The course 21st Century Skills for Students and Teachers was held between 11th and 16th July 2022 by the Europass training establishment Molinos de Viento Amsterdam. Our well prepared and well-organized teacher trainer Jarek Sacharski successfully led our international group of practicing teachers towards an inspiring and practical educational outcome.
The 30-hour training focused on how theories can be connected to real life and how knowledge is incorporated into wide competences. We got familiarized with the connection of skills like communication, collaboration, creativity, and critical thinking with learning and academic achievement. We were supplied with practical ideas for teaching in a world where the knowledge-based curriculum needs to be complemented or replaced with the skills-based curriculum. The fast changes triggered by the technological development of our society highlight the need for resilient students who can cope with them.
We tackled issues like diversity in the classroom, that they are visible and hidden, we learnt to take a different perspective and understand that we look through our filters, which may distort the image we see; matters like equity, equality and inclusion came up; we were given ideas about differences and how our cultures encourage us or discourages us from talking about those differences. As all these elements are in constant change, we teachers need to constantly check and adapt to the needs of our students as individuals and as a class.
Several activities that we completed had to do with physical movement, and the theory behind it was that embodying a notion leads to a deeper learning experience. We found it proven.
Among the theories presented the most appealing to me was the non-violent communication as described in Marshall Rosenberg’s book with the same title, starting from the idea that behind every action there is a feeling and behind every feeling there is a need. Disagreement comes from a need that was not satisfied. Recognizing and handling students’ and our (teachers’) needs makes learning happen.
Though I could go on with the theoretical ideas in which we immersed ourselves, let me present some of the more practical activities we covered. The teacher trainer asked us to brainstorm exercises that we could create related to the topic of the “weather” involving multiple intelligences. Some of our ideas: Put weather related flashcards in every corner of the classroom and give relevant tasks for the students to go there. Register the temperature and make a graph (math teacher). Find the hottest and coldest day in a month. Read a story about the weather. Relate to today’s weather – how do you feel? Go outdoors and observe the plants, associate the weather with fruits and vegetables. Embody a plant: “I’m a cactus.” “I’m a tulip.” Set up a parliament: the rights of plants – debate. “I’m a fir tree and I suffer in the summer.” Cutting up a story related to the weather. Re-order the cuts. Make the story into a roleplay or dialogue or song that children can act out standing up. With this brainstorming we saw the theory working: the more choice we have, the more autonomy we are given, the more motivated we are. The task was creative and unbelievably funny.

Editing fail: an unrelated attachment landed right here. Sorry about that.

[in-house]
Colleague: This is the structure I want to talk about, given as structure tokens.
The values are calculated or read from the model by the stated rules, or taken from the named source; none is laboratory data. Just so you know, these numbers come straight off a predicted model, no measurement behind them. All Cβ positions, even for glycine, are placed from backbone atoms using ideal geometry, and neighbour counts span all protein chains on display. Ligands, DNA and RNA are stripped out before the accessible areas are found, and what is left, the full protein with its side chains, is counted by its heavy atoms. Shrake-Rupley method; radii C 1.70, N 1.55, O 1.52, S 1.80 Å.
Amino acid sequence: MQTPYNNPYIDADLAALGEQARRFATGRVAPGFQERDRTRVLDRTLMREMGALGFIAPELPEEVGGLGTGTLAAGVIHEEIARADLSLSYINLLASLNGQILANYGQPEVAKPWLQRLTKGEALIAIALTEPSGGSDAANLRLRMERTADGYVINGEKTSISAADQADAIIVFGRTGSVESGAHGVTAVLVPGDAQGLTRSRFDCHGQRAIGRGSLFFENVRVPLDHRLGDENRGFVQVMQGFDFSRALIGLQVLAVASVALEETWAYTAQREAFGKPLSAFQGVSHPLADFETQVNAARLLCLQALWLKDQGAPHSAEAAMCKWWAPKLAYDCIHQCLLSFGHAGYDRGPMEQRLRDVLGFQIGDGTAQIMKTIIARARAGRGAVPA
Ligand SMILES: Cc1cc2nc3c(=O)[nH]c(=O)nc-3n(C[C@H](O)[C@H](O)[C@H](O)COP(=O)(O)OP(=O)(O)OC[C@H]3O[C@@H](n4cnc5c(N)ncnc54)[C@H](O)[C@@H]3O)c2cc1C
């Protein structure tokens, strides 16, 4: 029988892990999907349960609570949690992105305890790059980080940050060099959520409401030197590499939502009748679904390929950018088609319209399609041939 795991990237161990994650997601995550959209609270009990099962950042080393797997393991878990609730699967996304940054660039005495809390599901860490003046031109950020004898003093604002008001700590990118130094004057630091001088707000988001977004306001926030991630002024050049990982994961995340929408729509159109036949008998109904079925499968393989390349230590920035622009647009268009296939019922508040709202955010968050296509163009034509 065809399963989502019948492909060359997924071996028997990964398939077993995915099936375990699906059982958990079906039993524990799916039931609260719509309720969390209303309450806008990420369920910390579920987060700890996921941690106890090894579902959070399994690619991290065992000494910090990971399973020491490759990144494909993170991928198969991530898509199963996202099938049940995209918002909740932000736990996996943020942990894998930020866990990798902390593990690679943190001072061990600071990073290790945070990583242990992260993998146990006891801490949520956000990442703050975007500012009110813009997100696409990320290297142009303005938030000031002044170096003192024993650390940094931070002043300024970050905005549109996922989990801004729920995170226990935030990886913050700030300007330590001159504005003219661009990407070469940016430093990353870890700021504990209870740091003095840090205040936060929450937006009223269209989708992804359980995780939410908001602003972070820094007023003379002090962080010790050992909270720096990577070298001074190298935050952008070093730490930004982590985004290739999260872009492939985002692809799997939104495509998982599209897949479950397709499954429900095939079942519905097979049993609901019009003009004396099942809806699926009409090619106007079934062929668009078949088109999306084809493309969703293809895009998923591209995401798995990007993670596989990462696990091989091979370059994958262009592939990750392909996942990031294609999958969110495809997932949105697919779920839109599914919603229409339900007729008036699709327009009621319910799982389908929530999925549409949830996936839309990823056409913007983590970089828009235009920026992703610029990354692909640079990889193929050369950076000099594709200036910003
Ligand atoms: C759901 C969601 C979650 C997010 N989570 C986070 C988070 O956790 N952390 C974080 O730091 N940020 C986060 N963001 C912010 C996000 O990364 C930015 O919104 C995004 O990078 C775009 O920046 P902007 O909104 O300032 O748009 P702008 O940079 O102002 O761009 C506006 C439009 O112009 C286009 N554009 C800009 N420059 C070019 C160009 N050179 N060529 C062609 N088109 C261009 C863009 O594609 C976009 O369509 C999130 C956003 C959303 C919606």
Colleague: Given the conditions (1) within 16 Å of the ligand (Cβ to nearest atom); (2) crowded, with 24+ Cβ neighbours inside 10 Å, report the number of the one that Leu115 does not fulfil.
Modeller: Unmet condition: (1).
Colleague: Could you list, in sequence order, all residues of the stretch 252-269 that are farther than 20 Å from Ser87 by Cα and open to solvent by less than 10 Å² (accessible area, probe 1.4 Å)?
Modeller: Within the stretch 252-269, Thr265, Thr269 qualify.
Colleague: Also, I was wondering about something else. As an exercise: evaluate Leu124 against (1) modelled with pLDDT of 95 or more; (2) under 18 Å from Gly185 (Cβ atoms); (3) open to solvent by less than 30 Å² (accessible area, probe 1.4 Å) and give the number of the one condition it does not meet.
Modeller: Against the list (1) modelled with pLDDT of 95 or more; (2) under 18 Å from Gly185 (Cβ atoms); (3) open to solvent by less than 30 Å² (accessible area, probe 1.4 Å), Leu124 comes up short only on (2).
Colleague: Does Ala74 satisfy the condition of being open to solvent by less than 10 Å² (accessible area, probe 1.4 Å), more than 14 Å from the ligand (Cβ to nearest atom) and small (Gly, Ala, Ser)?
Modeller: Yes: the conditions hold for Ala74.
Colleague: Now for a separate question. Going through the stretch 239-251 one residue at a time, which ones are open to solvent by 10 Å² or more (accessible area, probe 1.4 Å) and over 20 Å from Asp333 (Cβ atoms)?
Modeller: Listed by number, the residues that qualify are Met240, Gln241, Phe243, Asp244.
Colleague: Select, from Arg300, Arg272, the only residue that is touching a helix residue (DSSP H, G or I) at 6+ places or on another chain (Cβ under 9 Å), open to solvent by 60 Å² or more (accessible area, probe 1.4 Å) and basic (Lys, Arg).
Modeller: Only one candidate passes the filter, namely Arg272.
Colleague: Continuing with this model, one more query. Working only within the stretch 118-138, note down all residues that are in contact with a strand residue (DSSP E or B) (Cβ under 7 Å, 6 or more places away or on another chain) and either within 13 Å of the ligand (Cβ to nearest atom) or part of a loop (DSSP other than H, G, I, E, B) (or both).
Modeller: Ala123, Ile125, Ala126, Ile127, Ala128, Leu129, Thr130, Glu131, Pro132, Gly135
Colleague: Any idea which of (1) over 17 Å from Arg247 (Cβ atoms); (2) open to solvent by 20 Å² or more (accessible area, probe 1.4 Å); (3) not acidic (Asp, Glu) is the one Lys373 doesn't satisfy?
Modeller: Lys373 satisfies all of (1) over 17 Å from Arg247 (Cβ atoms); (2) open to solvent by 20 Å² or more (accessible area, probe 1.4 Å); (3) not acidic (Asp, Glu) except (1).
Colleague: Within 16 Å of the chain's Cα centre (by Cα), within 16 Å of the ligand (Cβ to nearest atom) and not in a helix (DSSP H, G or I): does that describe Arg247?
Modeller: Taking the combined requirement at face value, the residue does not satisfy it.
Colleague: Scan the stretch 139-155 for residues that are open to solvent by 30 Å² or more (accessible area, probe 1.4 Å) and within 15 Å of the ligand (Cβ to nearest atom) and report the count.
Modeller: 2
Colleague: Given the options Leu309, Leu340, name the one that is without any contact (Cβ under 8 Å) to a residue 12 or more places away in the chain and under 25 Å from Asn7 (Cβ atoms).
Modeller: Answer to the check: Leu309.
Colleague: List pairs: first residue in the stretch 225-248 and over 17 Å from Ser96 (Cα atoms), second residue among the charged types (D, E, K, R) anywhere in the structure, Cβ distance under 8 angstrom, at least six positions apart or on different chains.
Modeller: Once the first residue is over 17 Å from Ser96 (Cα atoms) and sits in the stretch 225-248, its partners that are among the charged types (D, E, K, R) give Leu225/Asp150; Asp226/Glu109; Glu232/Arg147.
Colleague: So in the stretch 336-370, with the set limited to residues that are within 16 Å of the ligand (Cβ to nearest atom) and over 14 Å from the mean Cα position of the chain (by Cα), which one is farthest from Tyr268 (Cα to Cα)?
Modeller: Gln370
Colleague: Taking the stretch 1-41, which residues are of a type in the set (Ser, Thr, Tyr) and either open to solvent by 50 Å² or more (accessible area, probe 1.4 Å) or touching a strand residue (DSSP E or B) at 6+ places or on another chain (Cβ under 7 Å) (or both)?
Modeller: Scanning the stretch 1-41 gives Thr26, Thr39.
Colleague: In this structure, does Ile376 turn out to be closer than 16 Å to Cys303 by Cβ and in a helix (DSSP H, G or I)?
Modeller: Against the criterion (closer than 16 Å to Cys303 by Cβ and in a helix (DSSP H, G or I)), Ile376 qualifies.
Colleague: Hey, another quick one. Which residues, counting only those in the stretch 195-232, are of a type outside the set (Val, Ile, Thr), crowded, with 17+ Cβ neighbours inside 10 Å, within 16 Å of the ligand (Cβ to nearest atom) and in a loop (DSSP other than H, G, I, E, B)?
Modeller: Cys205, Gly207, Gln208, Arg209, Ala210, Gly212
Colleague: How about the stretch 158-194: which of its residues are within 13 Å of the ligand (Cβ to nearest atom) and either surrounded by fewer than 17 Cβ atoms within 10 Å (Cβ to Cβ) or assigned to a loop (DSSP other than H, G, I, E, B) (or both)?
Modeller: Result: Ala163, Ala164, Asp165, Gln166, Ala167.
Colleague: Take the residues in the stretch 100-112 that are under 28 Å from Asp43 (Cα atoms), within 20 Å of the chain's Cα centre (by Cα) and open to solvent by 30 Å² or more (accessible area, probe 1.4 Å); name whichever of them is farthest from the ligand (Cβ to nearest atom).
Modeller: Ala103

We did other exercises, like “Lost at sea,” where we needed to rank items on a list, or the “See, think, wonder” exercise on layers of depth when describing a picture; it showed how we go through thinking routines, and how we can learn to structure our thinking; we listened to classical music and made associations. With the “Tour guide for aliens” exercise we practiced thinking outside the box, seeing the Earth and the people with the eyes of an outsider. The list could go on.
All in all, learning with teacher trainer Jarek Sacharski and the 15 colleagues from Poland, Italy, Spain, Qatar, Greece and Hungary in Amsterdam with the support of the EU and the Erasmus Plus program was one of the best professional experiences of my life.